Originally Posted by geeman
Is this a good idea?
C'mon, Geeman, give us a break. *Lemme amplify Cut-Throat's very tactful comments.
You've developed paralysis by analysis into an art form. *You've put up over 70 posts on this board, another 50+ on the Vanguard Diehards board, and who knows how many other posts in what other places. *You keep asking us to tell you if you're doing the right thing. *We keep telling you to educate yourself and to make your own decisions as to what's right for you. *
Here it is one more time:
1. *Read Bernstein's "Four Pillars".
1a. *If step 1 doesn't work for you then read something off the Vanguard Diehard's list that discusses asset allocation.
1b. *(Optional) Use Vanguard Diehard's links to develop your "Investing Policy Statement". *Some investors think that helps them stay the course by referring to it in good times & bad.
2. *Use "Four Pillars" (and whatever other references you deem worthwhile) to decide on your asset allocation plan. *Keep it simple. *You've had enough suggestions and there are many ways to accomplish AA so you don't have to ask us whether or not your latest AA idea is any good. *Just put it together and move forward. *At this point progress is more important than perfection.
3. *DCA at least 10% of your paycheck into your AA. *Put in more if you have more. *Put the lump sums in NOW and stop waiting for all the planets to align.
4. (Optional) Rebalance every year or so to bring your AA back to its original plan, or adjust your DCA as necessary to bring the AA back into balance. *Don't try to tweak the AA if it's within 5% of your goal.
5. *Keep an eye on your current expenses and project your ER expenses. *Add in extra for an occasional new roof, a replacement car, replacement appliances, a kid's wedding, a fantasy vacation or two, or whatever. *You've noticed that ER expense budgets vary widely so as long as you're under $80K/year you're probably all right. *$24K/year seems to be the median number but it varies widely.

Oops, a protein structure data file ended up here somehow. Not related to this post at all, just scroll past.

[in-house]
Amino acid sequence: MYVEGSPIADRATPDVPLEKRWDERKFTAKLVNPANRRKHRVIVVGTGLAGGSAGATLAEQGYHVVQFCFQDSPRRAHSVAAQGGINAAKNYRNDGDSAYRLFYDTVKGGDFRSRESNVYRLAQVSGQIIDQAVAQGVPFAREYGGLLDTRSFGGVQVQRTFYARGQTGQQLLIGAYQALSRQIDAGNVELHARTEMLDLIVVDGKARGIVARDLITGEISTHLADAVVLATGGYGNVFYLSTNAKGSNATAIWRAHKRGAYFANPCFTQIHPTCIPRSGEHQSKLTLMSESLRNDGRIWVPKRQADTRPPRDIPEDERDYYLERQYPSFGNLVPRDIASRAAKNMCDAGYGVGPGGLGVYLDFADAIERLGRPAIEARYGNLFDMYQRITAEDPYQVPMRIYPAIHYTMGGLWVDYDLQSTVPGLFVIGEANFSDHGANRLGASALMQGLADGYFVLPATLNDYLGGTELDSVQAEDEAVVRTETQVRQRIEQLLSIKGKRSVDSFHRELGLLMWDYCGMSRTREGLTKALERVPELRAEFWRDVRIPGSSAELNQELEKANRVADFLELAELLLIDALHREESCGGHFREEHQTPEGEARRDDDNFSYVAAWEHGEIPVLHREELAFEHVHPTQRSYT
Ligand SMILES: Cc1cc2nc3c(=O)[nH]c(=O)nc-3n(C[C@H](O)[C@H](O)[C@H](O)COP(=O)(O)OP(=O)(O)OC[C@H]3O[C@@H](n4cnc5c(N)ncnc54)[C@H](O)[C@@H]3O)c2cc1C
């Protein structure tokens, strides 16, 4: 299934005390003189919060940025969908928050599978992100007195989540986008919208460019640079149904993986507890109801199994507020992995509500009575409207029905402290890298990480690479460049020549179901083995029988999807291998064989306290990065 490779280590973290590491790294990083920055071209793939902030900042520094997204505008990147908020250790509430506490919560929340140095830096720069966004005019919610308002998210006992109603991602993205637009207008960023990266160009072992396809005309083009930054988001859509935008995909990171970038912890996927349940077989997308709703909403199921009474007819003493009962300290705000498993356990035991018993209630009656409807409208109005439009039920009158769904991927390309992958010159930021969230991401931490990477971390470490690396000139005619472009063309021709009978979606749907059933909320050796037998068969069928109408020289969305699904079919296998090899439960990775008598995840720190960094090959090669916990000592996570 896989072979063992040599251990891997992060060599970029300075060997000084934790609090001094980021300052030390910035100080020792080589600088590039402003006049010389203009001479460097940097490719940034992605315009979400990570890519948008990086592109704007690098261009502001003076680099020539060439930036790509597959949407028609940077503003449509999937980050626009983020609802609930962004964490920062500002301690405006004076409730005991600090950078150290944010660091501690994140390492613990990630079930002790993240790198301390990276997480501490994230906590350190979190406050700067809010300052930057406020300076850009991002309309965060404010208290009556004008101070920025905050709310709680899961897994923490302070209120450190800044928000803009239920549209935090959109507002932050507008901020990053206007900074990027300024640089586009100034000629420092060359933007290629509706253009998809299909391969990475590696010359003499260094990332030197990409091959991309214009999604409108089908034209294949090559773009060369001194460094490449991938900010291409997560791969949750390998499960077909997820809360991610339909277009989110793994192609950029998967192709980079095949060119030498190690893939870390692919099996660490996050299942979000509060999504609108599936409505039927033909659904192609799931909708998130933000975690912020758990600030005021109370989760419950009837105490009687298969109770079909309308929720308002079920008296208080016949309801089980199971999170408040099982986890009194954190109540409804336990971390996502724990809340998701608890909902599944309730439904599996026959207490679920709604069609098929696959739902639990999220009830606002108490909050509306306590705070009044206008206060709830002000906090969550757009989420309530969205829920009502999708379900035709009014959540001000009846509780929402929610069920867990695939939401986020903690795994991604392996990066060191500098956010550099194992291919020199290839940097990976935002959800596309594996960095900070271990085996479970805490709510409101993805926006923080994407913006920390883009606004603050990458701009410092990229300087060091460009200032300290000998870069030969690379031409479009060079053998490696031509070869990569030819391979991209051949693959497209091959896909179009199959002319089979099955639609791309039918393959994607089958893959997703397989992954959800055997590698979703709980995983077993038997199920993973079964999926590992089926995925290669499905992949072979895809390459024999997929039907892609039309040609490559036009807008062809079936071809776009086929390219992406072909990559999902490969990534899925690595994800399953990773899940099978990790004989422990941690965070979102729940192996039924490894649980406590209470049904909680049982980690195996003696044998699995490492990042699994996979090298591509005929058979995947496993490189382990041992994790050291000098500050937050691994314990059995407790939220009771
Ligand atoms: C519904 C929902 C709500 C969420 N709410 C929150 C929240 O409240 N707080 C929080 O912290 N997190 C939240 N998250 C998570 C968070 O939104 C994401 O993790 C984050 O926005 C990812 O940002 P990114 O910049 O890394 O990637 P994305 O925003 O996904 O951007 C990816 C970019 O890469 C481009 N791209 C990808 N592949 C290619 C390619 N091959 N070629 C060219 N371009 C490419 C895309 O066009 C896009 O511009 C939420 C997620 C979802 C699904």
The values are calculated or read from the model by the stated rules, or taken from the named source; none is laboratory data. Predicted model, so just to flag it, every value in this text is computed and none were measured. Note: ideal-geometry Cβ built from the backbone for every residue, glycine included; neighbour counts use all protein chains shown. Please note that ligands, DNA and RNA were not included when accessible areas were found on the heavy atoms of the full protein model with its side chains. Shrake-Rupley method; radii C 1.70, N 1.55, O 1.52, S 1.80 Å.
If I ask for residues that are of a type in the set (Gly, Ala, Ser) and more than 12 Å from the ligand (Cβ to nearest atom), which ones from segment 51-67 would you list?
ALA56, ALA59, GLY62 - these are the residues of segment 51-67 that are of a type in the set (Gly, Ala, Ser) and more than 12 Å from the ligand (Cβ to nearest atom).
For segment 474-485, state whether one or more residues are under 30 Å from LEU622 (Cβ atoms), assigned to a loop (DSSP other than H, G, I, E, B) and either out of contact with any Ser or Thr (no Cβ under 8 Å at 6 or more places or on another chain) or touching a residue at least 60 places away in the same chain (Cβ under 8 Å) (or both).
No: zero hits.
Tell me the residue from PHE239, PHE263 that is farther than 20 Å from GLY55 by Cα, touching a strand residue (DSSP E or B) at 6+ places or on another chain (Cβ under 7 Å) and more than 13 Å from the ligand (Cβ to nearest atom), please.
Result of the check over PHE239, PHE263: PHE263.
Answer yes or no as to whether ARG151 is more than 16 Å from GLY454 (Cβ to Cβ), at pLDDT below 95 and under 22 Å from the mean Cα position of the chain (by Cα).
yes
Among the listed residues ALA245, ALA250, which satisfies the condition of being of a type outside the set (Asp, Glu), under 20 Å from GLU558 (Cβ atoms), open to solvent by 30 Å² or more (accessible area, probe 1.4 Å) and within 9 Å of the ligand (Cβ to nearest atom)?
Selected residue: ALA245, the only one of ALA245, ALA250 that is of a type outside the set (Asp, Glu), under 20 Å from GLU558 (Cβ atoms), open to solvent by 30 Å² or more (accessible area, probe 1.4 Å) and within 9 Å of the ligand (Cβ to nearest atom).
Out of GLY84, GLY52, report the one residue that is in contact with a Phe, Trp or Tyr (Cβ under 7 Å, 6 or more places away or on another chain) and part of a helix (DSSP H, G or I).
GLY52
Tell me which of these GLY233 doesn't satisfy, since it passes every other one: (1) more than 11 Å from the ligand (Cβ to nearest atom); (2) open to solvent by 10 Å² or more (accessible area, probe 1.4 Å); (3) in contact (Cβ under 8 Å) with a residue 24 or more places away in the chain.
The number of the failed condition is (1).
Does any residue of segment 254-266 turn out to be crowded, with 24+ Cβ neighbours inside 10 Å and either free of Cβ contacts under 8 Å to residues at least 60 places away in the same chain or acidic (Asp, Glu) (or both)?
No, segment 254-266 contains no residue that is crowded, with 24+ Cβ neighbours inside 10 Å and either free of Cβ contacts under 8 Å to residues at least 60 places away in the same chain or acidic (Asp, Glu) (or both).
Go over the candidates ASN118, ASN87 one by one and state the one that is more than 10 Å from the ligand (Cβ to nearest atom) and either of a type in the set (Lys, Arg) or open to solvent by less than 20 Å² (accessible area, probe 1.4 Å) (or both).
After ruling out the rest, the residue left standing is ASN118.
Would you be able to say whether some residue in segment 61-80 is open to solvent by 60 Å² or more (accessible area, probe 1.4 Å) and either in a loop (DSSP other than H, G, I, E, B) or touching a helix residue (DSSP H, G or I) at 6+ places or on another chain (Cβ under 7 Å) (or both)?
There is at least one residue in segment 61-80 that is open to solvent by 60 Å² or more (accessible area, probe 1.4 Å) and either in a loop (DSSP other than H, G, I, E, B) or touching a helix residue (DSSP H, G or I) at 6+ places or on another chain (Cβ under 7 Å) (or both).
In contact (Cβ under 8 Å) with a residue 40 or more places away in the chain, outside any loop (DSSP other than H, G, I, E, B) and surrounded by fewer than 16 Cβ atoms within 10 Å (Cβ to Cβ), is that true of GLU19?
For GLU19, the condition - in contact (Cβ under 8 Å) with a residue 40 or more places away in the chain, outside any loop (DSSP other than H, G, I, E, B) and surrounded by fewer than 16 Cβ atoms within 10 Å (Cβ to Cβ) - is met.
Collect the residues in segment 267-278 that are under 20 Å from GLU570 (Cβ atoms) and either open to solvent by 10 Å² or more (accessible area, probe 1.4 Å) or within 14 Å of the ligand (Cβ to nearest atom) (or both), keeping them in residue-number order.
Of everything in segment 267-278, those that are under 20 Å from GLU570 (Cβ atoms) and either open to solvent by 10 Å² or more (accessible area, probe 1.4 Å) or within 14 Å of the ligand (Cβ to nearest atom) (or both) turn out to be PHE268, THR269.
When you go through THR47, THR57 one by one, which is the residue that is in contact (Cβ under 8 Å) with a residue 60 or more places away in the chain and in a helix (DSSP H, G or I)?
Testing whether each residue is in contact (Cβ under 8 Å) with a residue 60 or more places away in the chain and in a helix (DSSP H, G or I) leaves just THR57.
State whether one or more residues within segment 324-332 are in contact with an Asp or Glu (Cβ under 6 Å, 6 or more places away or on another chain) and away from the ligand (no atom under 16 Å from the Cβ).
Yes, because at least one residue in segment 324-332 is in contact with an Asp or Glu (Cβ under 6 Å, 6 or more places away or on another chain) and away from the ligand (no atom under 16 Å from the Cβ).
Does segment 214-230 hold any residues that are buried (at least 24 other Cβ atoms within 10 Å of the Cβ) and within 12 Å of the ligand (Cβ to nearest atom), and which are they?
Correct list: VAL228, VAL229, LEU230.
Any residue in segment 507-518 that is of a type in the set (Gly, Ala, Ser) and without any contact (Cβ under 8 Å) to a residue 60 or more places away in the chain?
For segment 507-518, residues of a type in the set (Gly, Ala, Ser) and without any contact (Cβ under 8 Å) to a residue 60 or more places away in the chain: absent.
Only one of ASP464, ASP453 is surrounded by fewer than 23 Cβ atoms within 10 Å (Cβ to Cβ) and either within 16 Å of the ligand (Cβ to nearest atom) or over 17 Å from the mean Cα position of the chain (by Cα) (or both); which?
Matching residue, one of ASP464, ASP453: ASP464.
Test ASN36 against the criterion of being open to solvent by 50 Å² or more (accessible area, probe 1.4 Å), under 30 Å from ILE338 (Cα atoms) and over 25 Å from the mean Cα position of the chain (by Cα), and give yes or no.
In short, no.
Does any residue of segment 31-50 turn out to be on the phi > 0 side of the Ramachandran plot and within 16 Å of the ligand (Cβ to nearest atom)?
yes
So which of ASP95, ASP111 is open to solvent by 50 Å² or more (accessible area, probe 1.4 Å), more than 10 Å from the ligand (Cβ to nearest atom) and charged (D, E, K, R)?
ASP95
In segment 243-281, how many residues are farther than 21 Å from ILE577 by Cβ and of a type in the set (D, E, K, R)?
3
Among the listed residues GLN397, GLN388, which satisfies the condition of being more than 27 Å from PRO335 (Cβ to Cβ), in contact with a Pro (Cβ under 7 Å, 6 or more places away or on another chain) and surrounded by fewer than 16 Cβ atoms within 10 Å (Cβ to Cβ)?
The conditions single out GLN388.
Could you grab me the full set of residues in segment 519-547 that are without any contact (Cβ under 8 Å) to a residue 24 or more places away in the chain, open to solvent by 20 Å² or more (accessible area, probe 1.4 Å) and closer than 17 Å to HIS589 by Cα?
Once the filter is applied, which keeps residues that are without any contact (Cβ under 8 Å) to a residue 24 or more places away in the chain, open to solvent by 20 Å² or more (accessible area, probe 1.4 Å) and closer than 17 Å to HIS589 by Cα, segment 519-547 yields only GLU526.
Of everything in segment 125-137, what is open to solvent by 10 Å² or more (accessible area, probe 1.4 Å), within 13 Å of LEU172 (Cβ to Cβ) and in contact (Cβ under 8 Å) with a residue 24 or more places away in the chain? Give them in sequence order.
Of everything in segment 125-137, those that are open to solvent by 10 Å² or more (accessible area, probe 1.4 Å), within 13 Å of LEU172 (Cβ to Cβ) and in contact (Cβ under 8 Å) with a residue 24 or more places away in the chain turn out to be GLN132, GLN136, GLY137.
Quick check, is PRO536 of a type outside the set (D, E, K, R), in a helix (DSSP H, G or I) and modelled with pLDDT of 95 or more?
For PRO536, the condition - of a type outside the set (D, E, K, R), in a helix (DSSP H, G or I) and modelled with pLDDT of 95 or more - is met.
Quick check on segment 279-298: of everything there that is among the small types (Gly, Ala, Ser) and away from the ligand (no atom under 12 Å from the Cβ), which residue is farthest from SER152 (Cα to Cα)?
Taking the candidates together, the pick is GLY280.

6. *When your retirement portfolio is 25x your annual expenses then you should be able to start your ER at a withdrawal rate of 4% of the portfolio, raised annually by inflation. *
Now go make your own decisions for a while and, when you complete step #5, tell us what you did. *If you're tempted to ask for our approval before finishing step #5, then reconsider whether or not you're one of the people who really should develop a close personal relationship with a paid financial advisor.
If you really don't care about the above and you just want to debate asset allocation and market timing endlessly and down to the fractions of a percentile, then I'd suggest RADDR's Market Theory & Investment Strategy
board. *Don't confuse participation on that board with your own actual personal decisive action to implement your own investment & ER plans. *RADDR runs a good board and it can teach you a lot, but if you keep asking people to tell you what to do then it'll eventually generate a post like this.
You can buy a Porsche at 23 but it's not very compatible with the ER goal. *If the advice you're getting on this board doesn't match with the desires expressed in your first post
, then you're on the wrong discussion board.
Once you start making your own decisions it'll get easier. *Good luck.